Acne: From Acne Causes to Acne Treatments
Understanding the cause of acne is the first step toward treating it. Unfortunately, there’s no single cause and no simple answer. Acne can affect teenagers, adults, even newborn babies, and a variety of factors contribute to acne in each case. Read on to explore acne causes and take a look at the issues involved for each group.
- Many of the Web sites on acne are trying to sell a product and therefore aren’t likely to provide unbiased, medically sound information. AcneNet, a Web site of the American Academy of Dermatology, is an excellent educational resource that provides credible information tailored for a general audience. For that reason, the AcneNet Web site appears several times throughout this guide.
- The sites included here can help you dispel myths about acne, such as the idea that eating greasy foods or chocolate causes acne (studies show that no specific foods cause acne) or that only teenagers get acne (plenty of adult men and women get acne, too, and adult women are more prone to acne than men).
- Be sure not to confuse rosacea (sometimes called acne rosacea) with acne. Rosacea is a skin disease involving the blood vessels in the face and occurs most commonly in adults ages 30 to 50. For more information on rosacea, visit MedicineNet.com.
Whether you’re a teenager with acne who’s been told, “You’ll outgrow it,” or an adult with acne who often hears, “It’s not so bad,” only you know how deeply acne affects you. Use the sites recommended here to research acne treatment options so that you can decide with your physician what treatment is best for you.
- If you’re unsure whether your acne is “bad” enough to warrant seeing a dermatologist, take a look at this article on AcneNet. Though aimed at teenagers, the checklist covers some of the common emotions and stages associated with acne. Be aware that educating yourself about acne with this Web guide is only the beginning; seeing a dermatologist is the best way to treat acne and prevent future scarring.
- As noted in the “Acne Causes” section, many of the Web sites on acne are trying to sell a product and therefore aren’t likely to provide unbiased information. If you visit a Web site that’s not recommended in this guide, try to find an "About Us" section to see who is paying for the information and consider whether there may be any bias. If you can't find a reliable source for the information (for example, a medical institution), don’t assume that it’s trustworthy.
- Adult men with acne will find the information in the “For an overview” subsection, below, very helpful for treating their acne. Adult women, however, often don’t respond to conventional treatment options, as their acne is frequently the result of fluctuating hormones. Don’t miss the “For women” subsection, below, for information on treating hormonal acne.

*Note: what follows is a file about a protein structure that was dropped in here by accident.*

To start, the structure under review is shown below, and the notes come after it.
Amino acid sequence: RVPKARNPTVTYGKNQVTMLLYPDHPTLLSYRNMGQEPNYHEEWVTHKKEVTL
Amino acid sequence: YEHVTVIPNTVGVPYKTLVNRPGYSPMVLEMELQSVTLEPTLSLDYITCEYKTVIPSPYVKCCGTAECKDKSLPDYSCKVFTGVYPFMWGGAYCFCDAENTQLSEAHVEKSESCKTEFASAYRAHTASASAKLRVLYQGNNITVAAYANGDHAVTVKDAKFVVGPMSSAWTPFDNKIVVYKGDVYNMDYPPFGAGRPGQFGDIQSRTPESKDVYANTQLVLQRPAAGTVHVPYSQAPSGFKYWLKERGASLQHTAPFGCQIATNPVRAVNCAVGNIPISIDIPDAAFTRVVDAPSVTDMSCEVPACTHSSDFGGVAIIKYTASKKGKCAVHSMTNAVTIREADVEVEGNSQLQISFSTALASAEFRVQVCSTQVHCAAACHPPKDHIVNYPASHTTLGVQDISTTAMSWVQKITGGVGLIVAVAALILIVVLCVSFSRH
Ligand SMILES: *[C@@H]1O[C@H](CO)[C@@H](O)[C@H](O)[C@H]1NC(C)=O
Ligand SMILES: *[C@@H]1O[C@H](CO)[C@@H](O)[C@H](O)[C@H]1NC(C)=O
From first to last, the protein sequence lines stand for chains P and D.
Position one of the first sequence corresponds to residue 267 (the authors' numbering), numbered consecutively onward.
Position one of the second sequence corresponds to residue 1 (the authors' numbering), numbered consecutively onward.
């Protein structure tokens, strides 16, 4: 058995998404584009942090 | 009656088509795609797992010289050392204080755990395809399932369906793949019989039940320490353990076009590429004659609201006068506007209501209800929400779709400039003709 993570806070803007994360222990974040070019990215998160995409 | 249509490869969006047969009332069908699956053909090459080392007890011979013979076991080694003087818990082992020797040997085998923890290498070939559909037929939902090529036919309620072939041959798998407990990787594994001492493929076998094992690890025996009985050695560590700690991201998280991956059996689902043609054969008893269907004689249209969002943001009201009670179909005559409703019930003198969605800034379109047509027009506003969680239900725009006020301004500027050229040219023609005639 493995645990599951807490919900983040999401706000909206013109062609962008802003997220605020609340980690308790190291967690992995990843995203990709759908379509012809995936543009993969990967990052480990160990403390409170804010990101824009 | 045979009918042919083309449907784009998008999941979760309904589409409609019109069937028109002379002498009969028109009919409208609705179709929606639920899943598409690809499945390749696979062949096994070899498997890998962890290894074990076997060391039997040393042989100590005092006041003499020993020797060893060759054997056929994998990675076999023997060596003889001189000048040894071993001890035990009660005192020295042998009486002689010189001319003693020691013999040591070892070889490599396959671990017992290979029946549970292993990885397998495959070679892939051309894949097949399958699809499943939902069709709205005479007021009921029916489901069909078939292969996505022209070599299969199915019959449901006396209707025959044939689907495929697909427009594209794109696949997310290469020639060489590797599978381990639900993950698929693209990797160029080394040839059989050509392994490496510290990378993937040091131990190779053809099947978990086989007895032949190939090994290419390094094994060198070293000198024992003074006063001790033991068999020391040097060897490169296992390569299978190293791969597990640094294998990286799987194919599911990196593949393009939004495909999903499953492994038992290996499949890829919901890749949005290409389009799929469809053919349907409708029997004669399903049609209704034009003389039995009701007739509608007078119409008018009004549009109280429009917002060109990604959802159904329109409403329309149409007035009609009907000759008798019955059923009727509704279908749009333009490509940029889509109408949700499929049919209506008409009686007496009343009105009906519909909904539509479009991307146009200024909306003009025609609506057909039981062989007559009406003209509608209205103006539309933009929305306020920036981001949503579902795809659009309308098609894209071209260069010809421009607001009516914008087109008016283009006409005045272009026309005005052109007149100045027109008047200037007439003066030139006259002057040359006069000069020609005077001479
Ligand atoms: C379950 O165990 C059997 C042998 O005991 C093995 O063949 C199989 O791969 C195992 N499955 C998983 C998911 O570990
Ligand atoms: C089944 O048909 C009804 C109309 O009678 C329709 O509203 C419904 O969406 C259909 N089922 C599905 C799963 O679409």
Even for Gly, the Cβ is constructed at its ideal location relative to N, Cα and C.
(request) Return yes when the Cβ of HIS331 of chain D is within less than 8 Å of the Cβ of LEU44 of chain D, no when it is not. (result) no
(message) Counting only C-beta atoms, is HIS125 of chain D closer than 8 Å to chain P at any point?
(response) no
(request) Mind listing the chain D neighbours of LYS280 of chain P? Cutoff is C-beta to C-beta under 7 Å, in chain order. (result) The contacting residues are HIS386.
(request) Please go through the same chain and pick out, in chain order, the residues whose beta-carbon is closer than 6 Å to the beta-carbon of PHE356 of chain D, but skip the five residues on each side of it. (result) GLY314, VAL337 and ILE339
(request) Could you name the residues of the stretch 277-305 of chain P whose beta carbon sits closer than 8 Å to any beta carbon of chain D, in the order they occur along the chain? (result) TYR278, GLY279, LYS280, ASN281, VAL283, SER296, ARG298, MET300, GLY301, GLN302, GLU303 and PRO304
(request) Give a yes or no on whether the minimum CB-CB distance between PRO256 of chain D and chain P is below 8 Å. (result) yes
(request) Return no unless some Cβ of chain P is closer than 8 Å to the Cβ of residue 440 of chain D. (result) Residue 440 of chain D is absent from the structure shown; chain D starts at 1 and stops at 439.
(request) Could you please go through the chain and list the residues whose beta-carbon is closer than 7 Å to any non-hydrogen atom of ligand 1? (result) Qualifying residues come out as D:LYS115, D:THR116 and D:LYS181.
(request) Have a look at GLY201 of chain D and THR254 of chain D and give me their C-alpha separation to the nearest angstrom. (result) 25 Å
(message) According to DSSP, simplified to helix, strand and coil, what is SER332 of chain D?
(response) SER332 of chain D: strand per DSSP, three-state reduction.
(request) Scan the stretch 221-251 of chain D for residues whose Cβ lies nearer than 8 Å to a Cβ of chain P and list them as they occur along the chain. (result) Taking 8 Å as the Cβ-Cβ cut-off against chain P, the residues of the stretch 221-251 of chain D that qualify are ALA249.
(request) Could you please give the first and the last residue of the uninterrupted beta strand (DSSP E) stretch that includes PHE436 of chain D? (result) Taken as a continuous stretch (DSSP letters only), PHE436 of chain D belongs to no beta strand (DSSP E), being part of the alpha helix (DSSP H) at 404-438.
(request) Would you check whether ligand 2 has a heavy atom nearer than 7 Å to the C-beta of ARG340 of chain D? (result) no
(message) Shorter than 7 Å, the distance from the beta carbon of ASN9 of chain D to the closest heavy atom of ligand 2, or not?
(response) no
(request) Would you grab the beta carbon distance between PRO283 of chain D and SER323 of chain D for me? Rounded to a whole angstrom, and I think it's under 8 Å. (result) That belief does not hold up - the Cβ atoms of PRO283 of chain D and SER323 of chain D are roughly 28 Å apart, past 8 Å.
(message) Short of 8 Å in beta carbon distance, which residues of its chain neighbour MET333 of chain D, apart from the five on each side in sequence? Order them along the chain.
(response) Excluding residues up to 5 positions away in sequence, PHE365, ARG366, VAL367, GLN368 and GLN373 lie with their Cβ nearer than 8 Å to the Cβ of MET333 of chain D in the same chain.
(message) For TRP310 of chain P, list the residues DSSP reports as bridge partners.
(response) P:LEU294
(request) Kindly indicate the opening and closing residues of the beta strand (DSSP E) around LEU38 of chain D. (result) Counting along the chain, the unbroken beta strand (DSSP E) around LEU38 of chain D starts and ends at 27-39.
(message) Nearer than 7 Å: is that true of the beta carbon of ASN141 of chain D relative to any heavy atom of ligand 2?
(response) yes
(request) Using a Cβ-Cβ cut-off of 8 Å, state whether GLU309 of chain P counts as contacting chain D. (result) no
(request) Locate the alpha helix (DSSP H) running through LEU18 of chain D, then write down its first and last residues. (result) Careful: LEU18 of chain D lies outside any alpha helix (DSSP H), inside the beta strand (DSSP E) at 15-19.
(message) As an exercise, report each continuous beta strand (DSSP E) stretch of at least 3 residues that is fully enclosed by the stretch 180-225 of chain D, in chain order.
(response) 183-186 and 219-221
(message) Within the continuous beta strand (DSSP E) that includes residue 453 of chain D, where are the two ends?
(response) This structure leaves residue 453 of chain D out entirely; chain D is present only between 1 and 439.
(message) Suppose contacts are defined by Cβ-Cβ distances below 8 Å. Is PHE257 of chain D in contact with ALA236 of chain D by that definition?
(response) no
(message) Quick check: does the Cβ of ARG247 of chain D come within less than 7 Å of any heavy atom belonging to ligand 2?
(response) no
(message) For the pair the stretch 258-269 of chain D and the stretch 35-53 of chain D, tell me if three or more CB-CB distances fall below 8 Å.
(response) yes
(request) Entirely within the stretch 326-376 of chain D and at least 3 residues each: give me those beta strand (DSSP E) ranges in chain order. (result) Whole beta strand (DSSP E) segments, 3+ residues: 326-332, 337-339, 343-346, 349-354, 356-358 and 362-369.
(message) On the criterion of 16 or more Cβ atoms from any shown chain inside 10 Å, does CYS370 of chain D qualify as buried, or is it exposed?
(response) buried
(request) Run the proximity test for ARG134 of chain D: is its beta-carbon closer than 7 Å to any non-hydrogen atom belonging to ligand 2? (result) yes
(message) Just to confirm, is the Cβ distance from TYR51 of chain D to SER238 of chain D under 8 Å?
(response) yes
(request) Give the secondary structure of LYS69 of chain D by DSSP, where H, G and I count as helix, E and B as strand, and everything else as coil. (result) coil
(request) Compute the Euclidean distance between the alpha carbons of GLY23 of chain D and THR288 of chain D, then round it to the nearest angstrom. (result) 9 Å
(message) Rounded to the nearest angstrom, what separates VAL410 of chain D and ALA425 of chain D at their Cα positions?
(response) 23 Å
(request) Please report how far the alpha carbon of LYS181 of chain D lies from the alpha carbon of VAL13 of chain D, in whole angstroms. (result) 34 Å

Gone are the days when you had to suffer alone with your acne. The Web makes it easy to find acne help, and ask questions, get advice and a gain sense of community with other acne sufferers—all anonymously, if you like. Use the sites below to find forums, support groups and blogs to keep you informed and connected.
- If there’s any doubt in your mind that acne can cause all kinds of emotional trauma, read “Acne Can Change the Way You See the World” to find a list of the negative effects acne can have and some actual quotes from patients with acne describing how they feel.
- Perhaps due to the social withdrawal and embarrassment associated with acne, our search for face-to-face acne support groups turned up very few results. Asking your dermatologist if she is aware of a local acne support group may be your best bet.
- Though face-to-face support groups are rare, online support groups for acne sufferers are flourishing. Some of the forums we didn’t include are very out of date or full of posts recommending “miraculous” cures for acne. Keep in mind that some Web sites are merely trying to sell a product, and they sometimes have their own employees pose as anonymous users who rave about how great the product is. Not everyone tells the truth on forums, so be wary of posts about particular products and be careful about how much personal information you share online.
Read the latest acne research and news headlines on the Web.
- Many of the resources listed in previous sections of this Web guide, particularly the official sites for medical institutions, also provide news and research information on acne. Explore the recommended Web sites to see what you can find.
- If you pursue acne research beyond this Web guide, make sure to “search smart.” Established medical institutions and dermatological organizations are good sources of legitimate information on acne. Visit the findingDulcinea Guide to Web Search to learn how to evaluate the quality and integrity of the sites you find.